First you have to set up the server end of the SSL connection:

socat OPENSSL-LISTEN:5333,fork,reuseaddr,cert=/path/to/srv-rtail.pem,verify=0 STDIO

Here we’re telling socat we want it to fork for every new client (which means we can send multiple streams to it at the same time), to authenticate itself using the .pem file we generated previously and to not authenticate clients. We connect the stream to STDIO for debugging purposes, but later it will be pointing at the local rtail server. On the client side we run the client version:

socat STDIO OPENSSL:my.rtail.server.com:5333,cafile=/path/to/srv-rtail.crt

We’re making socat listen to the STDIO on the client side (which will later be listening to the output of rtail client applications on that server) and stream it to our rtail server via SSL. It will be using the .crt file to authenticate the server. If everything is correct you should be able to type things in on the client side and see them turn up on the server side.

Setting up rtail

Now we can get rtail using the SSL connection. If rtail had an option to use STDIO we could just pipe it to/from socat. However, rtail clients communicate with the server via UDP packets - we need to make socat listen to these packets on the client end and reproduce them on the server end. The only change to the above socat setup we replace STDIO with the corresponding UDP setup. Let’s say we’re using the port 5700 for rtail UDP communication. On the server this becomes:

socat OPENSSL-LISTEN:5333,fork,reuseaddr,cert=/path/to/srv-rtail.pem,verify=0 UDP:localhost:5700

And on the client side:

socat UDP-LISTEN:5700 OPENSSL:my.rtail.server.com:5333,cafile=/path/to/srv-rtail.crt

To set up rtail we need to run the client pointing it to the 5333 UDP port:

rtail --port 5700 --id my-stream-name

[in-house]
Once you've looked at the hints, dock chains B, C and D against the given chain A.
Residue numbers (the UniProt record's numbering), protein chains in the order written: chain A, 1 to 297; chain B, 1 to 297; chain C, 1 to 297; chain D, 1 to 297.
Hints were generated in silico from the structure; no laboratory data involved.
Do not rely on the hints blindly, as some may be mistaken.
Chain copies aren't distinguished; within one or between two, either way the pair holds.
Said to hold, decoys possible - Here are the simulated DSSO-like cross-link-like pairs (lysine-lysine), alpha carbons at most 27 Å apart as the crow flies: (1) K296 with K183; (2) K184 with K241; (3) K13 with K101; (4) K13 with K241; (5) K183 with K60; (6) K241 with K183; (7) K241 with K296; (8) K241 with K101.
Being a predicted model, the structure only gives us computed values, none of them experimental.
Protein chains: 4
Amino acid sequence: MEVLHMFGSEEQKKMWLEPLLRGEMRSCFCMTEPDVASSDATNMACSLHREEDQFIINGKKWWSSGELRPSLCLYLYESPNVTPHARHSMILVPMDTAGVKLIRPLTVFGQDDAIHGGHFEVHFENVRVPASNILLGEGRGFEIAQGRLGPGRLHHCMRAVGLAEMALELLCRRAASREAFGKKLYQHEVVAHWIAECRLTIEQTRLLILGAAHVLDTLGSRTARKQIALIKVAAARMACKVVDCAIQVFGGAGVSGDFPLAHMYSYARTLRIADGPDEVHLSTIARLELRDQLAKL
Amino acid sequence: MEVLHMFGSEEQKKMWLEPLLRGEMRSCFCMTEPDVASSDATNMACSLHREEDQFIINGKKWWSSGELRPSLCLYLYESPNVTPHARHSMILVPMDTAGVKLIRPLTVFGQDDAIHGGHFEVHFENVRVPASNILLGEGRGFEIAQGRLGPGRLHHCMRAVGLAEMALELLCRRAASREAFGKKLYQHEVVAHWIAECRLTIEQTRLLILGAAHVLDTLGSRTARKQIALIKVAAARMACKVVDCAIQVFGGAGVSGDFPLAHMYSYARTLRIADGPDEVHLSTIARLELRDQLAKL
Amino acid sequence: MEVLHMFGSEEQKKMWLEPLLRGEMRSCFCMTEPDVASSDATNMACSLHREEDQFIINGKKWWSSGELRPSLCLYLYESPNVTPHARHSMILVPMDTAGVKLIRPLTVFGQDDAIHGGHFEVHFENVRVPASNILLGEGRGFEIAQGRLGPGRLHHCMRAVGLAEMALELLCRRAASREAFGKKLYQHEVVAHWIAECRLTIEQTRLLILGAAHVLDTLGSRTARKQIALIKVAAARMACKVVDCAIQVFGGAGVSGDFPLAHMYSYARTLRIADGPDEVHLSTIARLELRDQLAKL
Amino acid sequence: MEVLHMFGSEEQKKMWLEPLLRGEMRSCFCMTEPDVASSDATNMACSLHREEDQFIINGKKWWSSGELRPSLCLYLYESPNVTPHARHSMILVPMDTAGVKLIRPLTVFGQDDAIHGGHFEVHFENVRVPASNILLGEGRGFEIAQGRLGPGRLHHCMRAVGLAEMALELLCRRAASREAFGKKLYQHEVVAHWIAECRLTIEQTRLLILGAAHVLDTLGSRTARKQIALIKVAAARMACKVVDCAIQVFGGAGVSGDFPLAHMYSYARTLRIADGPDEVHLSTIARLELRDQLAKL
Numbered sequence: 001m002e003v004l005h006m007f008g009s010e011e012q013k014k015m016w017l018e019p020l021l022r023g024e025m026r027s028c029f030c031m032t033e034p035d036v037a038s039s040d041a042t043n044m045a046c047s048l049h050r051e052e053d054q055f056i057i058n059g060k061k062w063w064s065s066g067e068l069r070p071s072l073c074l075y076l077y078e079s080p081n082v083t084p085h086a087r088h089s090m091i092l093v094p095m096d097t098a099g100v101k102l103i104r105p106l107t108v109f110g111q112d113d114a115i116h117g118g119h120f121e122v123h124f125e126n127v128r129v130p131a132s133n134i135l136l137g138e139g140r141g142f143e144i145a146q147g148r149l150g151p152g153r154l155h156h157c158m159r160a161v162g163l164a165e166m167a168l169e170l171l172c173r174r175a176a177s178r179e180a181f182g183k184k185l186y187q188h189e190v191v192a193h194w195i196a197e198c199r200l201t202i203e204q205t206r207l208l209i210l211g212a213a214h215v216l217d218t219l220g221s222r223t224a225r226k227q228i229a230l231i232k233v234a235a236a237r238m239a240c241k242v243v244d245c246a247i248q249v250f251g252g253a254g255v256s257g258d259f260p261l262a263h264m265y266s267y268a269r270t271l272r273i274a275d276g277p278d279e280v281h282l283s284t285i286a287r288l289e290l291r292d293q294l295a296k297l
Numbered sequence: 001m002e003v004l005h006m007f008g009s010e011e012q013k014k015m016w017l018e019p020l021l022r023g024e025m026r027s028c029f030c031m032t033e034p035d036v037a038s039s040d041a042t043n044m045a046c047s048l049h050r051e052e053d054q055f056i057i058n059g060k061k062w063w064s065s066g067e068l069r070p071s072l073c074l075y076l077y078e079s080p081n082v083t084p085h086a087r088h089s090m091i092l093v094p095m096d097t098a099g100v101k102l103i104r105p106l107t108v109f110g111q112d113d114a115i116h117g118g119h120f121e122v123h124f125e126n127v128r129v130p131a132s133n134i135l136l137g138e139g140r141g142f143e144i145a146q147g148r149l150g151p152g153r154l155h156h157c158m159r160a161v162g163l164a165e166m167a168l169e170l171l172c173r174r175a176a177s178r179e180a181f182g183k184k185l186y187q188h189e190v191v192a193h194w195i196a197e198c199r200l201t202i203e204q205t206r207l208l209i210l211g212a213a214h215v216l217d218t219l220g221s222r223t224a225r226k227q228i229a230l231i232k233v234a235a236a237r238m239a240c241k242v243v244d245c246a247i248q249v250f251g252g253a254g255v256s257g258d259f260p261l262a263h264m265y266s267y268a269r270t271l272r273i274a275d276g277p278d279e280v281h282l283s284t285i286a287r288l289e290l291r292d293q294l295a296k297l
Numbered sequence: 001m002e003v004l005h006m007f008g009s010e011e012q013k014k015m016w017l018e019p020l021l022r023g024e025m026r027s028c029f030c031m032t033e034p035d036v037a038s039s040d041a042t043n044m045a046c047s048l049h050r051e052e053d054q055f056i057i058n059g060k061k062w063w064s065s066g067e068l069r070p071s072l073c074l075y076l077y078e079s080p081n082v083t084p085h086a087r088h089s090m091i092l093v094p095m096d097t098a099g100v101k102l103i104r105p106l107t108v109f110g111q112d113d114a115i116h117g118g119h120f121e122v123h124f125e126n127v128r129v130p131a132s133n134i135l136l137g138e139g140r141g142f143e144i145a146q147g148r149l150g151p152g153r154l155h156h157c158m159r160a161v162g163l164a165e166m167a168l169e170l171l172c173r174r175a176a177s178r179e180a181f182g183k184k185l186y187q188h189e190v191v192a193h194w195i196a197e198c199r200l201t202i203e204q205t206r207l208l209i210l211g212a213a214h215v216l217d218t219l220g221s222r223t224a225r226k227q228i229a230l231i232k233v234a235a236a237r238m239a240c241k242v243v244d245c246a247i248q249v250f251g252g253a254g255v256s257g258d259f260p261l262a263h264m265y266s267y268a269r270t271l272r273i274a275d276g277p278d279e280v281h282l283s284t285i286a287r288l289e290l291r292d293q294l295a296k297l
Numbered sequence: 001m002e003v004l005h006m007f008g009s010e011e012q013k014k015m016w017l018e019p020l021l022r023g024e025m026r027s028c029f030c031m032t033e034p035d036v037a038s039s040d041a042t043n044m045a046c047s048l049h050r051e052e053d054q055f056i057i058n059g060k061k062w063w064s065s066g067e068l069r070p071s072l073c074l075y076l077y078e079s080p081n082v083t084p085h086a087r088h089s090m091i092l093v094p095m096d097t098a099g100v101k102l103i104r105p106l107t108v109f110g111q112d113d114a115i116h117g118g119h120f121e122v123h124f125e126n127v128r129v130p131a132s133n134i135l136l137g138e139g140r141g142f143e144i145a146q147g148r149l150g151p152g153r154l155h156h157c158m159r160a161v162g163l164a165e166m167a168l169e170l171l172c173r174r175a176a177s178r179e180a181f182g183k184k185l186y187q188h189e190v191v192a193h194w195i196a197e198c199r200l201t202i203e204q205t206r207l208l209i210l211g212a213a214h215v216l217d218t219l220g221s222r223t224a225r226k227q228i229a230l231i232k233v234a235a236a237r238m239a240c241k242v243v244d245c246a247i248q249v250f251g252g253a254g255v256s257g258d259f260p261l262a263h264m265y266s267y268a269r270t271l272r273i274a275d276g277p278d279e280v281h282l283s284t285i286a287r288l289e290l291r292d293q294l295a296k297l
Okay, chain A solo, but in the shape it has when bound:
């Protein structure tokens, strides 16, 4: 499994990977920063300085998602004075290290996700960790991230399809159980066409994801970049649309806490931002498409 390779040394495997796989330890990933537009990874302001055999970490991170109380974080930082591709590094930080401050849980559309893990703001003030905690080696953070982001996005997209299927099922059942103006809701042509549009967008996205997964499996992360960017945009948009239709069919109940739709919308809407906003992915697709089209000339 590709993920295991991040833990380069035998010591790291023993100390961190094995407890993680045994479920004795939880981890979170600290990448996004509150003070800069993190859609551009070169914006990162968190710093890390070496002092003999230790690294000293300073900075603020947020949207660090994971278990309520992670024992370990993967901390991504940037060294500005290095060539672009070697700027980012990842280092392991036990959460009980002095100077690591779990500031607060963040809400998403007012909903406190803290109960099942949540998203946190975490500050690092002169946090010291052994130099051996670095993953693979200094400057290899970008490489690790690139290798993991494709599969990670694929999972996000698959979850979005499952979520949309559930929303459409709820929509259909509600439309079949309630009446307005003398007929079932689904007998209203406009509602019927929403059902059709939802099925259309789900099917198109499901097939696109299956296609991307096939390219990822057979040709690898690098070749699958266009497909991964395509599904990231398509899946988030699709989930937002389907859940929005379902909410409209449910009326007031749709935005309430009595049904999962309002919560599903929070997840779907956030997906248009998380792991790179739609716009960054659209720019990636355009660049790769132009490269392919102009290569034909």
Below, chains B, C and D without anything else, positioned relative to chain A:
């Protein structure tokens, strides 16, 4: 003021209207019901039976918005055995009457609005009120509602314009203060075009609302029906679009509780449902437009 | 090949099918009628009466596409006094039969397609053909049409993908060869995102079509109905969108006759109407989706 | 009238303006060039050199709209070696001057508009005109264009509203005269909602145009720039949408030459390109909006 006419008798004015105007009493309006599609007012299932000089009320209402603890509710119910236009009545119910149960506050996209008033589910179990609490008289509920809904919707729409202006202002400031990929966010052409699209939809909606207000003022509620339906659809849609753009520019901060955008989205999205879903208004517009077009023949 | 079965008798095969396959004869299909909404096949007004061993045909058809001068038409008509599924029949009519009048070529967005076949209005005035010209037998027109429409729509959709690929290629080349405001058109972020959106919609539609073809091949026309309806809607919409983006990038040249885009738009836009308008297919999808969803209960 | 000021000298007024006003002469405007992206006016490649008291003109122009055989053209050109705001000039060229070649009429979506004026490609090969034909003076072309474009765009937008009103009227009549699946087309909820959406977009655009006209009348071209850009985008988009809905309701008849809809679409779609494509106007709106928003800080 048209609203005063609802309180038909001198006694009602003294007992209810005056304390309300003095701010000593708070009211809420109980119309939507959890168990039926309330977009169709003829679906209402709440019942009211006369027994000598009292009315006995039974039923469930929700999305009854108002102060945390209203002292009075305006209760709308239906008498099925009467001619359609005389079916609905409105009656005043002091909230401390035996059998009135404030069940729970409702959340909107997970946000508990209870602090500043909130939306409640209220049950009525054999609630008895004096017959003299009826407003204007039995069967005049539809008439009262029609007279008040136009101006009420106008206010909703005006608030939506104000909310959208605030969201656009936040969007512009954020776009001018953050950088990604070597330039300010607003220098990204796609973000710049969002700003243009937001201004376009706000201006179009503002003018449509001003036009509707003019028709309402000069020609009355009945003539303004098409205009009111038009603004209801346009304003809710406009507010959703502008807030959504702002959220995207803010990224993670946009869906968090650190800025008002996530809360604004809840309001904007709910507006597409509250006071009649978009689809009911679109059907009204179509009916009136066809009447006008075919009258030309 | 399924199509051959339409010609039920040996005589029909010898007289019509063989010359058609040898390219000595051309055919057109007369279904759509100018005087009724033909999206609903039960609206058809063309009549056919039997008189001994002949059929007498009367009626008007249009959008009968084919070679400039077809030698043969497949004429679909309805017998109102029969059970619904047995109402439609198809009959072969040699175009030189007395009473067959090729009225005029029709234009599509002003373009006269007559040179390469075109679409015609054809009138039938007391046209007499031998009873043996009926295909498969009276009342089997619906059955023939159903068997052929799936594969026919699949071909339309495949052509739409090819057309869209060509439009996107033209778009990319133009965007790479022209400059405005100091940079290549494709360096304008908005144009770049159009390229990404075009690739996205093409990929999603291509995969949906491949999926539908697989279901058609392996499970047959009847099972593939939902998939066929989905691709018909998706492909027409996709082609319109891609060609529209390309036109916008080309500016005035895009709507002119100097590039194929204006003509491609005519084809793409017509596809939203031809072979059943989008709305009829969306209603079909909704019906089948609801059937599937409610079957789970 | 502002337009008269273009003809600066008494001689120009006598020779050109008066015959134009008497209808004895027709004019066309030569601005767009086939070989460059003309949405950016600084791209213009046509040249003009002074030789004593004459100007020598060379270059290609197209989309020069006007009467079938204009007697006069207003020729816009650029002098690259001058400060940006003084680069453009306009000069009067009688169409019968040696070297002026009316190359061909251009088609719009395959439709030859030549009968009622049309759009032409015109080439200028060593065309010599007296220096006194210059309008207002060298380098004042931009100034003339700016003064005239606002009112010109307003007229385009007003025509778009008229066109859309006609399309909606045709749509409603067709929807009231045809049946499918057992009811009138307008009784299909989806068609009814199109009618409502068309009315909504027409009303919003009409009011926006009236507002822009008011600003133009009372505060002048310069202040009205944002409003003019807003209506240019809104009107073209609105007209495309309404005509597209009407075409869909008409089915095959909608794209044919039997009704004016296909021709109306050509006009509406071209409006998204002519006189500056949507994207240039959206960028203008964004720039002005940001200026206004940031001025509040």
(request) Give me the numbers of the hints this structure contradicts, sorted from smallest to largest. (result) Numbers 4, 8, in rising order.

and on the server:

rtail-server --web-port 5700 --udp-port 5700

The id on the client side simply helps identify the stream on the web interface. At this point if you point your browser to the port 5700 of the rtail server you should see the rtail web interface. Test by typing things into the input stream of the rtail client - it should show up in the web interface under the stream called “my-stream-name”. If you can’t see the web interface or nothing comes through double check the firewall settings.

You can now pipe your log files into the rtail client from tail:

tail -F /some/log/file | rtail --port 5700 --id some-log-file-stream

Seting up supervisor

The first time setting this up I just left all the rtail and socat instances running in my tmux sessions on various servers. Needless to say that’s not sustainable. The easiest solution I’ve found was to set up supervisor to manage these processes.

On the client side we need to run the socat instance and as many rtail clients as we need. For one client the configuration would look something like this:

[program:rtail-client-socat-relay]
command = socat UDP-LISTEN:5700 OPENSSL:my.rtail.server.com:5333,cafile=/path/to/srv-rtail.crt
autostart = true
autorestart = true